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Vitamin D is anti-estrogenic where it's needed

According to an animal and cell study that endocrinologists at Stanford University published in Endocrinology, the active form of vitamin D calcitriol [structural formula shown below] is an anti-oestrogenic compound. The study is interesting for bodybuilders too, as the anti-estrogenic effect of vitamin D is expressed mostly in the fat tissue. What's more, vitamin D enhances the effect of anti-oestrogens like anastrozole, letrozole and exemestane.

The researchers want to know whether dietary changes can reduce the chance of breast cancer in women and improve treatment chances in women who already have breast cancer. Estradiol causes most breast cancer cell types to grow faster. So doctors treat breast cancer with drugs that reduce the concentration of estradiol. The researchers already knew that vitamin D blocks the production of the alpha-estradiol receptor in cells, and wondered whether vitamin D also reduces the production of estradiol itself. That would happen by inhibiting the enzyme aromatase, which converts androstenedione and testosterone into estradiol.

To answer this question the researchers did trials with female mice that had had human cancer cell implants. The mice were given 0.1 mg androstenedione daily, and for the three days before the researchers analyzed them they were given a daily injection of 0.75 mg calcitriol as well. [Cal] A control group was given injections containing inactive ingredients. [Veh]

The figure below shows that the cancer cells and the fat cells of the Cal mice produced less aromatase.

Vitamin D is anti-estrogenic where it's needed

Vitamin D is only anti-estrogenic where it's needed
The figure to the right shows that in human cells estradiol production declines as the concentration of calcitriol increases. This effect is interesting for chemical bodybuilders.

Less estradiol means that fat cells can't grow so easily and so shrink faster. It also means less risk of gyno. At least, if it's valid to extrapolate the results of this study to humans.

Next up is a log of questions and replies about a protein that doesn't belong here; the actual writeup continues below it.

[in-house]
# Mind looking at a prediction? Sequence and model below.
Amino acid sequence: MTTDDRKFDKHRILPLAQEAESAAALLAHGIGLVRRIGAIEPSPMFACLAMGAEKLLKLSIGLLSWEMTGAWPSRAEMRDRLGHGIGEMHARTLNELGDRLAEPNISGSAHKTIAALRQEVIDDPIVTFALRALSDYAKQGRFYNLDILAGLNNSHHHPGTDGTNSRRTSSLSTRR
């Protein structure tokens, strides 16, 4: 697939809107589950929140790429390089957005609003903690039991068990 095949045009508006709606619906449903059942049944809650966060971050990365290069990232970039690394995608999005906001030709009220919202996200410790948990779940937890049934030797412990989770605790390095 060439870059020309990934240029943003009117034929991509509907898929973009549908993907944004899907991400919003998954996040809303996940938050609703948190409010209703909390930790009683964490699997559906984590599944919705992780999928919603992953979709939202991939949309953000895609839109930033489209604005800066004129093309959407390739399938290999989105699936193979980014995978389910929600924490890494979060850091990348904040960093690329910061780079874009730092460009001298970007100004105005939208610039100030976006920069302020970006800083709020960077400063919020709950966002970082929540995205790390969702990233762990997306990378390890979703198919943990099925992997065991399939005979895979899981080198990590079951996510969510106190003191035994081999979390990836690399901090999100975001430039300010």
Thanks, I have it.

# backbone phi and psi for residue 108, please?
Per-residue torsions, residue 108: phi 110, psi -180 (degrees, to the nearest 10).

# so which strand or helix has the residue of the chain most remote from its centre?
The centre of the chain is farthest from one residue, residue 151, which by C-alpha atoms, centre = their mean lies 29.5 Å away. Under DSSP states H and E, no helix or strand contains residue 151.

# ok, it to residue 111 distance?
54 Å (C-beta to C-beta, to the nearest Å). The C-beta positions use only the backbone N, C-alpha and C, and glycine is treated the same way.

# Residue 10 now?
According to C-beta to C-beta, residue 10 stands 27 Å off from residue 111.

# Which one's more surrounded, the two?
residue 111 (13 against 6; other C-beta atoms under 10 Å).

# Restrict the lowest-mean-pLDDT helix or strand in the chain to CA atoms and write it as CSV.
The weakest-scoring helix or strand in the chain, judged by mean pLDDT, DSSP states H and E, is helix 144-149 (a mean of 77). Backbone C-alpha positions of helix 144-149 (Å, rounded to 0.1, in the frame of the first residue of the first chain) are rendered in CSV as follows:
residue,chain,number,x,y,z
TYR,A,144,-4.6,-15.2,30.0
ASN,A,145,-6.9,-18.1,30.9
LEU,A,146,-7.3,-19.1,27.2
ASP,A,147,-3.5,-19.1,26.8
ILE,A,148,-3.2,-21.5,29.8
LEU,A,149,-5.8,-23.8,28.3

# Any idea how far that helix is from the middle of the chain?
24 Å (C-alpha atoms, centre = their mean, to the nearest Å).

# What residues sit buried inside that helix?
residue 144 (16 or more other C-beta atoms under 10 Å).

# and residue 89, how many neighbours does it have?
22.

The researchers also studied the joint effect on the growth of cancer cells of aromatase inhibitors when taken with arimidex, exemestane and letrozole on the one hand and with vitamin D on the other. The researchers grew human cancer cells in test tubes and added testosterone together with aromatase inhibitors and vitamin D. The figure below shows that vitamin D enhances the effect of arimidex, and the figures for exemestane and letrozole were pretty similar.

Vitamin D is only anti-estrogenic where it's needed

The researchers used 0.1 and 1.0 nanomol concentrations of calcitriol. Concentrations of calcitriol in humans vary between 0.05 and 0.16 nmol. Because westerners in general have too little vitamin D in their blood, many chemical bodybuilders will derive more effect from the aromatase inhibitors they take by adding a supplement that contains extra vitamin D.

But estradiol is good for bones. Women who use aromatase inhibitors often have problems with osteoporosis, and chemical athletes also report bone and joint problems from taking high doses of anti-oestrogens. However, the researchers also discovered that vitamin D increases the production of aromatase and estradiol in the bones.

Endocrinology. 2010 Jan; 151(1): 32-42.

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Anti-Oestrogenic Compounds
Vitamine D

Oleocanthal, the anti-oestrogen in virgine olive oil
Perhaps oleocanthal supplementation can enhance the effect of anti-oestrogens such as tamoxifen.

GLA supplementation helps tamoxifen work better
Supplementation with GLA can reduce the number of estradiol receptors in cells, and in this way increase the anti-oestrogenic effect of tamoxifen.

Physical activity lowers oestrogen levels
Biostatisticians discovered a relationship between oestrogen levels and activity after studying 452 women aged 40-72.